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Ball Don't Lie

Darko Milicic says he won’t seek an NBA contract this summer

Eric Freeman
Ball Don't Lie

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Darko signs autographs for his adoring fans (Allen Einstein/ Getty).

The NBA career of Darko Milicic qualifies as one of the weirdest in recent memory. After being picked second in the 2003 draft — ahead of such likely Hall of Famers as Carmelo Anthony (No. 3), Chris Bosh (No. 4), and Dwyane Wade (No. 5) — Darko won an NBA title as a rookie with the Detroit Pistons, broke his hand in the final game of the series and was not subbed out by Larry Brown despite requests, was called a "Serbian gangster" by Rasheed Wallace, showed some promise after a trade to the Orlando Magic, got several more lucrative contracts for unclear reasons, was called "manna from heaven" by deposed Minnesota Timberwolves David Kahn, and started the 2012-13 season with the Boston Celtics by claiming he was willing to kill someone on the court if necessary. It's been a full career, to say the least, apart from the fact that Darko never turned into anything close to the outside-shooting, shot-blocking dynamo that some pre-draft projections claimed he would be.

Darko didn't do much with the Celtics — in fact, he played just fewer than five minutes with the team before leaving for his home country of Serbia in November to be with his sick mother. As our Kelly Dwyer noted at the time, this moment likely represented Darko saying goodbye to his NBA career, albeit for understandable purposes. Now Darko has essentially confirmed that he will not seek another NBA contract. From an interview with mvp.rs (rough translation via EOB):

"No more chances. This is a done deal. Bygone. Hence I wear a lot of bad experiences. Guilt is mutual, it was bad moves with their with my hand. However, is not worth more to talk about. They think they should to play a supporting role and wait for his chance. understand why they have such an attitude. My NBA career speaks to me for such a player, and I know I'm not. "

The struggles of translation make it unclear exactly what Darko means by this statement, but my interpretation is that he never feels as if he was giving an honest shot to succeed in the league. That's certainly true of his time in Detroit. While most players would consider themselves lucky to win a title immediately, Darko was marginalized by the notoriously rookie-averse Brown almost pathologically, to the point where his career may have been affected long-term. On the other hand, Milicic played for several more teams and earned enough money that he can only play the victim card so many times. No matter the troubles of his three seasons with the Pistons, Darko will go down as a huge disappointment.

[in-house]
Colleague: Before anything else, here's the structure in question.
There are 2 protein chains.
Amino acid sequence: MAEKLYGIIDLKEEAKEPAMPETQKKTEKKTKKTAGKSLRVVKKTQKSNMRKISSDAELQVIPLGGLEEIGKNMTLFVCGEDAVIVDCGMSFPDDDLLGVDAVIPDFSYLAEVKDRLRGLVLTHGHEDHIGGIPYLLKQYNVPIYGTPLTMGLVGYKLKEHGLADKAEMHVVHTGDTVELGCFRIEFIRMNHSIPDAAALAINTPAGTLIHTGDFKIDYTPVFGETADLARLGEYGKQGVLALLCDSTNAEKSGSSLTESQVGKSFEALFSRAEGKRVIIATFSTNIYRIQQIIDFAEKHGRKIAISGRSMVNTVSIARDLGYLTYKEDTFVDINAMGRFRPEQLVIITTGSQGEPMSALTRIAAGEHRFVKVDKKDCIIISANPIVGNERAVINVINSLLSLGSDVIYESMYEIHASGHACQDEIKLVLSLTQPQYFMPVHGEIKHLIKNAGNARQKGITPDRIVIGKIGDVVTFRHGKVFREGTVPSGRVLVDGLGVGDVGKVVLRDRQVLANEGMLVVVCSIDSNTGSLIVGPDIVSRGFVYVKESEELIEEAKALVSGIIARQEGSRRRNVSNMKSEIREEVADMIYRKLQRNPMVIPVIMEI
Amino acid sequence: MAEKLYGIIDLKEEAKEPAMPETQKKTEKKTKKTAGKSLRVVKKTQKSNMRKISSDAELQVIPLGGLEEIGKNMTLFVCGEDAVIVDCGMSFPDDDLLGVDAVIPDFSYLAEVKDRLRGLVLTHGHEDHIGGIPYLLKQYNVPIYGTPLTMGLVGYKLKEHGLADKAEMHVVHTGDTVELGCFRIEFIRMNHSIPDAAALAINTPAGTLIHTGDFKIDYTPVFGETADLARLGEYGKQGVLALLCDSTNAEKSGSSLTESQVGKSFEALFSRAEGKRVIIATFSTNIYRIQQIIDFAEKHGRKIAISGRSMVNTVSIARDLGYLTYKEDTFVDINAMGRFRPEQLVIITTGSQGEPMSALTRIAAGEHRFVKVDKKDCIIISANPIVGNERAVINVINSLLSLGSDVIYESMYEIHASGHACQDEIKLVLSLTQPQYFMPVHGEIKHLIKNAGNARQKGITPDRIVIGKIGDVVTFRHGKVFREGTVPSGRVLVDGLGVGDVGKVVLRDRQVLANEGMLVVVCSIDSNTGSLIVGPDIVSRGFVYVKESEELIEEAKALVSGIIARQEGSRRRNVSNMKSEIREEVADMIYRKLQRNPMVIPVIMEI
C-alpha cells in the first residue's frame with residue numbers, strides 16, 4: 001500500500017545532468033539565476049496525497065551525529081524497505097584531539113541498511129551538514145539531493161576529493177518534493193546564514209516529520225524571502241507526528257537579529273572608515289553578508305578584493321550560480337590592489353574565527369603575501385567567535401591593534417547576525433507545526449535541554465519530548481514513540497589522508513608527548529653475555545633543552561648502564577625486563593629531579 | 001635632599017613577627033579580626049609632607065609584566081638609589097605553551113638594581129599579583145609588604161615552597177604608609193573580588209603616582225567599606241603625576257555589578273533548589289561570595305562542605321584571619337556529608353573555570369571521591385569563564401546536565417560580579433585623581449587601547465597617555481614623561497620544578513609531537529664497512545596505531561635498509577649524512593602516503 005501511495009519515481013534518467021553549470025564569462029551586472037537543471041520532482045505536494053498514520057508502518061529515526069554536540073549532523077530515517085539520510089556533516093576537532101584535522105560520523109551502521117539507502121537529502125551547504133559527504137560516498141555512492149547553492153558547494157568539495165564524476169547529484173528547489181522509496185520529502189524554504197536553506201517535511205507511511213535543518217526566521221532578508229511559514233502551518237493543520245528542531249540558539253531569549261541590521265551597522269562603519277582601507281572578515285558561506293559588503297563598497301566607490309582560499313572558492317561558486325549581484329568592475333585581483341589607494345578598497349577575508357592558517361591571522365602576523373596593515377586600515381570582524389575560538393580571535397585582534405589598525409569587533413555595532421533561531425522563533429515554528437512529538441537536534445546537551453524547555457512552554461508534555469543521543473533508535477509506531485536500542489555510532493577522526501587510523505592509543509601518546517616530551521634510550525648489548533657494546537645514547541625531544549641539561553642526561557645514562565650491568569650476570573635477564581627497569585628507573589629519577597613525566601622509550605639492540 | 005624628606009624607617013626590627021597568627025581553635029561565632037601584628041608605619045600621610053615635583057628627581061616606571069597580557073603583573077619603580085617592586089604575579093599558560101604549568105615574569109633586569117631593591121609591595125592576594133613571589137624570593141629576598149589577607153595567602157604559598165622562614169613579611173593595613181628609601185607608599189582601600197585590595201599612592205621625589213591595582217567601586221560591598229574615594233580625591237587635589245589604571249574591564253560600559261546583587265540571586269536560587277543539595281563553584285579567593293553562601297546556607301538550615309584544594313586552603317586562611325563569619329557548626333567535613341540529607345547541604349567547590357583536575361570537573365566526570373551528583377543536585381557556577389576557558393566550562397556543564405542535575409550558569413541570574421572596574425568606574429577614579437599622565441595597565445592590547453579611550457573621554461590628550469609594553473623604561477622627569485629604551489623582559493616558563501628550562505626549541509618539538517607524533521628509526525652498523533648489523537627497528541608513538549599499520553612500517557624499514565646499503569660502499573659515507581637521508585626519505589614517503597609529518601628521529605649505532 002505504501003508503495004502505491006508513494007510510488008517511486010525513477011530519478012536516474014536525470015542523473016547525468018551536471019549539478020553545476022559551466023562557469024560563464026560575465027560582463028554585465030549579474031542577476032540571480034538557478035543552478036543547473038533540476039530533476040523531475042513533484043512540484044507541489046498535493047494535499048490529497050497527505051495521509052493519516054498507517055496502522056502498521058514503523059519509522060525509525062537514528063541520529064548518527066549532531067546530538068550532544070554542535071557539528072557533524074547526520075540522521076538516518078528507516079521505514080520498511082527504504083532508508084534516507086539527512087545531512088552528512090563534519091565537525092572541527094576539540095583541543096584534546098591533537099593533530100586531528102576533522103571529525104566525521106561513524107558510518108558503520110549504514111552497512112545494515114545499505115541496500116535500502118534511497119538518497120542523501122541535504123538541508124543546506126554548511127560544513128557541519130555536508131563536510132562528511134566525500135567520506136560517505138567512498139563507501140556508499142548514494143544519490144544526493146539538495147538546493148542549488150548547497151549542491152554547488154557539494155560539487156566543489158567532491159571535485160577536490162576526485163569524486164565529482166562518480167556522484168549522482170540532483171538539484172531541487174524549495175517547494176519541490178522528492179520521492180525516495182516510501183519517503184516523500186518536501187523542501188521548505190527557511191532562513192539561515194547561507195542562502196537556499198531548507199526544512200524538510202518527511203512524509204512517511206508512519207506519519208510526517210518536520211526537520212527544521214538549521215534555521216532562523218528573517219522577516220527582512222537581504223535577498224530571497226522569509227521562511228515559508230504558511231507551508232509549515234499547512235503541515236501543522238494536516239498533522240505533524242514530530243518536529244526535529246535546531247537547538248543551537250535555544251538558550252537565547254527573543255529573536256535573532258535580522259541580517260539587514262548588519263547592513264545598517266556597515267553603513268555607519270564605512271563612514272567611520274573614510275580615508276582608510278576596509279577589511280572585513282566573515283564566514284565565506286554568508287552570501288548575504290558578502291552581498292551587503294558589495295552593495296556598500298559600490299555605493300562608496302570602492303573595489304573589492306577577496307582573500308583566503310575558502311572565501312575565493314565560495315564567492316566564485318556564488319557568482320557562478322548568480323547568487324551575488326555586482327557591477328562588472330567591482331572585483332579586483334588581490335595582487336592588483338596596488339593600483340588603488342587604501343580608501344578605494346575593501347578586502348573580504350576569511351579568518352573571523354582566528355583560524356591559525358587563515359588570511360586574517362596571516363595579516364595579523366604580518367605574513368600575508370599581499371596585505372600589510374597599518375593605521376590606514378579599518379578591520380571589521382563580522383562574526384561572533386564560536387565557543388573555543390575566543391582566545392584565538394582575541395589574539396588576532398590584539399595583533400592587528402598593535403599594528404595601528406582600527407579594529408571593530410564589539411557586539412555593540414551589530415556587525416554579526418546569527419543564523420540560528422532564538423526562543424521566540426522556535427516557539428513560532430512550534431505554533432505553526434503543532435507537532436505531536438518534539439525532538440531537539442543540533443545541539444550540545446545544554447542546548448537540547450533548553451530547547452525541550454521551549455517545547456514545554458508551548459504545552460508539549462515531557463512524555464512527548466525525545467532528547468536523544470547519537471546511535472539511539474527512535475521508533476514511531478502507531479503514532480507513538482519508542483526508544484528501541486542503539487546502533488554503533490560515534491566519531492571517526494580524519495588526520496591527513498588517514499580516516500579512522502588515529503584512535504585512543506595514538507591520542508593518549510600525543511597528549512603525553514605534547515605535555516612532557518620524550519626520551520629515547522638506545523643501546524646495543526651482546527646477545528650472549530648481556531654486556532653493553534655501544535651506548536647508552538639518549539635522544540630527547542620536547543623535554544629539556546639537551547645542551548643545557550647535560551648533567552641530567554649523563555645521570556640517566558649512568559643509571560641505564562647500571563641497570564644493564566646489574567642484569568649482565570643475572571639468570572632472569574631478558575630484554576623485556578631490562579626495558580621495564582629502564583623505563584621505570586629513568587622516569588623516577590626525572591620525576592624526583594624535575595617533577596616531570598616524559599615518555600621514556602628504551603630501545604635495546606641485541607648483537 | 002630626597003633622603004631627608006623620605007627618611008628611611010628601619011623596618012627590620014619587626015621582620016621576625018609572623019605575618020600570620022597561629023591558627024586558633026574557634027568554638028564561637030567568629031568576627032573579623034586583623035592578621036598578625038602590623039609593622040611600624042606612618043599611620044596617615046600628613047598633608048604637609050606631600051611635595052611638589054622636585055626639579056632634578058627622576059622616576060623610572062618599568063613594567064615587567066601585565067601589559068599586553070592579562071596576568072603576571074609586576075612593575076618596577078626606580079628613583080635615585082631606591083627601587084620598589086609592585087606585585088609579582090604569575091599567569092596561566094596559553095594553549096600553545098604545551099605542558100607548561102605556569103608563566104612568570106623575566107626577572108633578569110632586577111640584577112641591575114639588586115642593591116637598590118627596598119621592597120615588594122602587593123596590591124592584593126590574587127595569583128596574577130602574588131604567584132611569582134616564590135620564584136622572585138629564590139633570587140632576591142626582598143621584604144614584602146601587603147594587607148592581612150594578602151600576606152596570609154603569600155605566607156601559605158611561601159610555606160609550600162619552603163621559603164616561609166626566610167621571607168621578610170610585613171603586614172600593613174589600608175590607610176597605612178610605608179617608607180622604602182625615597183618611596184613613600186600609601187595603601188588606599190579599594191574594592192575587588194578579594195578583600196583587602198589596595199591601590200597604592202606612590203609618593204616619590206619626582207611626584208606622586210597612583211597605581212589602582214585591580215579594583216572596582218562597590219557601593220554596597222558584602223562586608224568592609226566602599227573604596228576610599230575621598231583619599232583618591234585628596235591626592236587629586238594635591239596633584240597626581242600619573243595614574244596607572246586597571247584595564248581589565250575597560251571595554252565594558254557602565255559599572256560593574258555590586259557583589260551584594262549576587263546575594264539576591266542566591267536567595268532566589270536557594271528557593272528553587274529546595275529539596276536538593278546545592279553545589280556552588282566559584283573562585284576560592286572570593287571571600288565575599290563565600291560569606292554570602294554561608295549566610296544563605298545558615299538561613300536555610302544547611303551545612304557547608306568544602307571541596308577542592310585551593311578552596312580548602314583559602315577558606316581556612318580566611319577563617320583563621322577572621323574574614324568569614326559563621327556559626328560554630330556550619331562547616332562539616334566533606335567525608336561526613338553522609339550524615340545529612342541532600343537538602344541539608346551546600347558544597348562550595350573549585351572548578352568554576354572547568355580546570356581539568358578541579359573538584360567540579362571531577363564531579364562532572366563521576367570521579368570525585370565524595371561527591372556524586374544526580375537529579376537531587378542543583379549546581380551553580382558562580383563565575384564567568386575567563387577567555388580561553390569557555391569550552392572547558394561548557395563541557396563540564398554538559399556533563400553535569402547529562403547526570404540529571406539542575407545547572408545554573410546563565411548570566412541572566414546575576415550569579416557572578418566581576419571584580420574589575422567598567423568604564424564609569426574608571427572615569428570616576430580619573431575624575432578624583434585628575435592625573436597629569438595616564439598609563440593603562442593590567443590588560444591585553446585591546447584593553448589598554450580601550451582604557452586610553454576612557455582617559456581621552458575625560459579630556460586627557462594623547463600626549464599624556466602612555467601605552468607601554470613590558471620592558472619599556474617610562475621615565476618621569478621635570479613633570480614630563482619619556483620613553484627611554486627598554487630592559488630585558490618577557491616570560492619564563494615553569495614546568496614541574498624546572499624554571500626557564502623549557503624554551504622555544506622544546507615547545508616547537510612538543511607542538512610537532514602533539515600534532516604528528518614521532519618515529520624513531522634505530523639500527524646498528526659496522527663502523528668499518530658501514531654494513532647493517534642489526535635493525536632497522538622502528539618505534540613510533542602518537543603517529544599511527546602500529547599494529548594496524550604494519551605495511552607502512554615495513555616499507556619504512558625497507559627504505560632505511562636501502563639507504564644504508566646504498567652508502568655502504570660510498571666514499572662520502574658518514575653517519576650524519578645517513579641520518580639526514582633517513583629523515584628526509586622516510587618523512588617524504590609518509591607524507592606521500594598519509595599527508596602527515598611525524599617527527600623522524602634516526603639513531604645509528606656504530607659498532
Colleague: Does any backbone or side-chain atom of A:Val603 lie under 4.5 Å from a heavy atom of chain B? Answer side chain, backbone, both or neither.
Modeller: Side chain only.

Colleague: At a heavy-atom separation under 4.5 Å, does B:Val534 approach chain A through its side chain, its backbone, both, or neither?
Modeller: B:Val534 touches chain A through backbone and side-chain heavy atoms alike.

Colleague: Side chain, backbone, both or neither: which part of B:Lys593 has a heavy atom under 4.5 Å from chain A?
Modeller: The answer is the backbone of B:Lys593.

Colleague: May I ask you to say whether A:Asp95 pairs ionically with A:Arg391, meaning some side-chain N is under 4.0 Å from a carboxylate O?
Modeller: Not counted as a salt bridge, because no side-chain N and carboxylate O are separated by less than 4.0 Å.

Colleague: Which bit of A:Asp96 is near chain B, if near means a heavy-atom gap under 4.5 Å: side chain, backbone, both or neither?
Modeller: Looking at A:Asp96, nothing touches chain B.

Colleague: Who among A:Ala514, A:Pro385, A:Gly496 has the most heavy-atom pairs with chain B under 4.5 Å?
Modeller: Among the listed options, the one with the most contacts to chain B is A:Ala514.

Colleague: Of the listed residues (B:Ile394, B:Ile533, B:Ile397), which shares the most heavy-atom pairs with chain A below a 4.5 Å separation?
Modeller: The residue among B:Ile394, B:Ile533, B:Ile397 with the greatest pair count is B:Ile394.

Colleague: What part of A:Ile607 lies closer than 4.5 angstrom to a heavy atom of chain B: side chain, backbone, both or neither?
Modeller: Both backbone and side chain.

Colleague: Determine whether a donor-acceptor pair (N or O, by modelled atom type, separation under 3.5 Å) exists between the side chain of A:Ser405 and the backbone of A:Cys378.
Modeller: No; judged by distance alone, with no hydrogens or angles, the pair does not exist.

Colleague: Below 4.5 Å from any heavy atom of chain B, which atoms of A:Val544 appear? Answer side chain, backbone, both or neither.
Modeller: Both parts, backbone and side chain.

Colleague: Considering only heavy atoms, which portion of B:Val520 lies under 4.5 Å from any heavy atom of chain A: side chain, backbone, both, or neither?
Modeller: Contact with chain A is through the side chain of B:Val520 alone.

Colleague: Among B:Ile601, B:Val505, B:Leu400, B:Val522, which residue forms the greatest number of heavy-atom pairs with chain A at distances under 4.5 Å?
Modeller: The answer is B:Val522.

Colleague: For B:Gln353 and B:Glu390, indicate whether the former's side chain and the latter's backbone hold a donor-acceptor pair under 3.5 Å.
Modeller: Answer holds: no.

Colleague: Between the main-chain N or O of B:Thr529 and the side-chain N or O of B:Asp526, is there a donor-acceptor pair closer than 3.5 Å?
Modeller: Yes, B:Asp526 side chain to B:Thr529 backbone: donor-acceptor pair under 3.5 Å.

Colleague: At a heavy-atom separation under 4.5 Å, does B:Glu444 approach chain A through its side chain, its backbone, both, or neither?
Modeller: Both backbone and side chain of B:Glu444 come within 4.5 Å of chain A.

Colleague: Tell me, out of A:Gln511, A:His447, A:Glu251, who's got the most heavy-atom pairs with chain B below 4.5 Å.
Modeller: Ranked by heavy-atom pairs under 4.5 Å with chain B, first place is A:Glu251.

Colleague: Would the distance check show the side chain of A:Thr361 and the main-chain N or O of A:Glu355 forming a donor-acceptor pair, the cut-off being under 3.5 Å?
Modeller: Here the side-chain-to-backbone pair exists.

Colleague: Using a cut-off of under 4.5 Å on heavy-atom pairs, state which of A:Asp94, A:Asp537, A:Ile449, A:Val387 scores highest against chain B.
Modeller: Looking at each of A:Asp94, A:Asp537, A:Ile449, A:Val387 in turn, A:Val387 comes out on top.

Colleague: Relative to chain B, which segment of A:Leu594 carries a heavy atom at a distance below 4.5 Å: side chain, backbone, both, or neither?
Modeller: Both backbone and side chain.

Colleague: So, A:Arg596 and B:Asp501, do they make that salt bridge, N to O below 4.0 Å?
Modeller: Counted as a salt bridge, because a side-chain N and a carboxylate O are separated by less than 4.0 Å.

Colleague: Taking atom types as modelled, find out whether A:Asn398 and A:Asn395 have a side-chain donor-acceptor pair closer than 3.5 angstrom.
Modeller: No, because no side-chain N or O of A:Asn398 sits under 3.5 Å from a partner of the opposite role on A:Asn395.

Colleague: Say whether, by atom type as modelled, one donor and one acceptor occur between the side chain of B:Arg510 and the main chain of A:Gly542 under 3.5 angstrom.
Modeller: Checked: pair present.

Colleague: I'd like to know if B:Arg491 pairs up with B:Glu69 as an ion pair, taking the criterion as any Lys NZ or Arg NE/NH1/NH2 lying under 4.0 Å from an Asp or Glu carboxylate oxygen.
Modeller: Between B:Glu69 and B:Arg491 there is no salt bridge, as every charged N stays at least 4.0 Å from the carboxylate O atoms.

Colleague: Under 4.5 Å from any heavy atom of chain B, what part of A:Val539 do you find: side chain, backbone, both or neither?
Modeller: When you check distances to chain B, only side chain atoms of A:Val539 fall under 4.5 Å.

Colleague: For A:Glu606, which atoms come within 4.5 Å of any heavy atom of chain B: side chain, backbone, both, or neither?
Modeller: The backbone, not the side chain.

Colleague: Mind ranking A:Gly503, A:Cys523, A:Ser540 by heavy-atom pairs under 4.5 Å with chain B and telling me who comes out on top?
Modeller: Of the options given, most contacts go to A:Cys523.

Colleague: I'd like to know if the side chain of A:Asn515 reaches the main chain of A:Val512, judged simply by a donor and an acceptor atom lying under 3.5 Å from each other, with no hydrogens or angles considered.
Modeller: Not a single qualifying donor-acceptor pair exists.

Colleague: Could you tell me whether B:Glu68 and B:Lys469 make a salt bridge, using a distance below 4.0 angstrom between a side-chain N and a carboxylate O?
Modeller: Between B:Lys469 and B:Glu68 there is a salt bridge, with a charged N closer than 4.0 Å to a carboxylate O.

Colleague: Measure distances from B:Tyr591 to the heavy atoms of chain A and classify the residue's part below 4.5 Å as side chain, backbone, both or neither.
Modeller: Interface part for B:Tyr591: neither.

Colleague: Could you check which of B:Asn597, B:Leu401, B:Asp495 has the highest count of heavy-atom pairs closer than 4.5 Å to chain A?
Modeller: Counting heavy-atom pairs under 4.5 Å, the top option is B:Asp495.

In a way, this news marks the end of an era. For 10 years, Darko has been the subject of jokes, bad memories, and harsh real-time reactions to his inadequate play. While he never turned into a particularly useful player, he has always been a memorable character in the NBA world.

Darko hasn't made much impact on the league in the ways we typically discuss important players, but it's also hard to imagine the last decade of basketball without his presence. If the league is a world unto itself, and not just a platform for legacies and stats, then it is now without someone we all know quite well. The loss of Darko isn't particularly sad, but it does create a noticeable gap.

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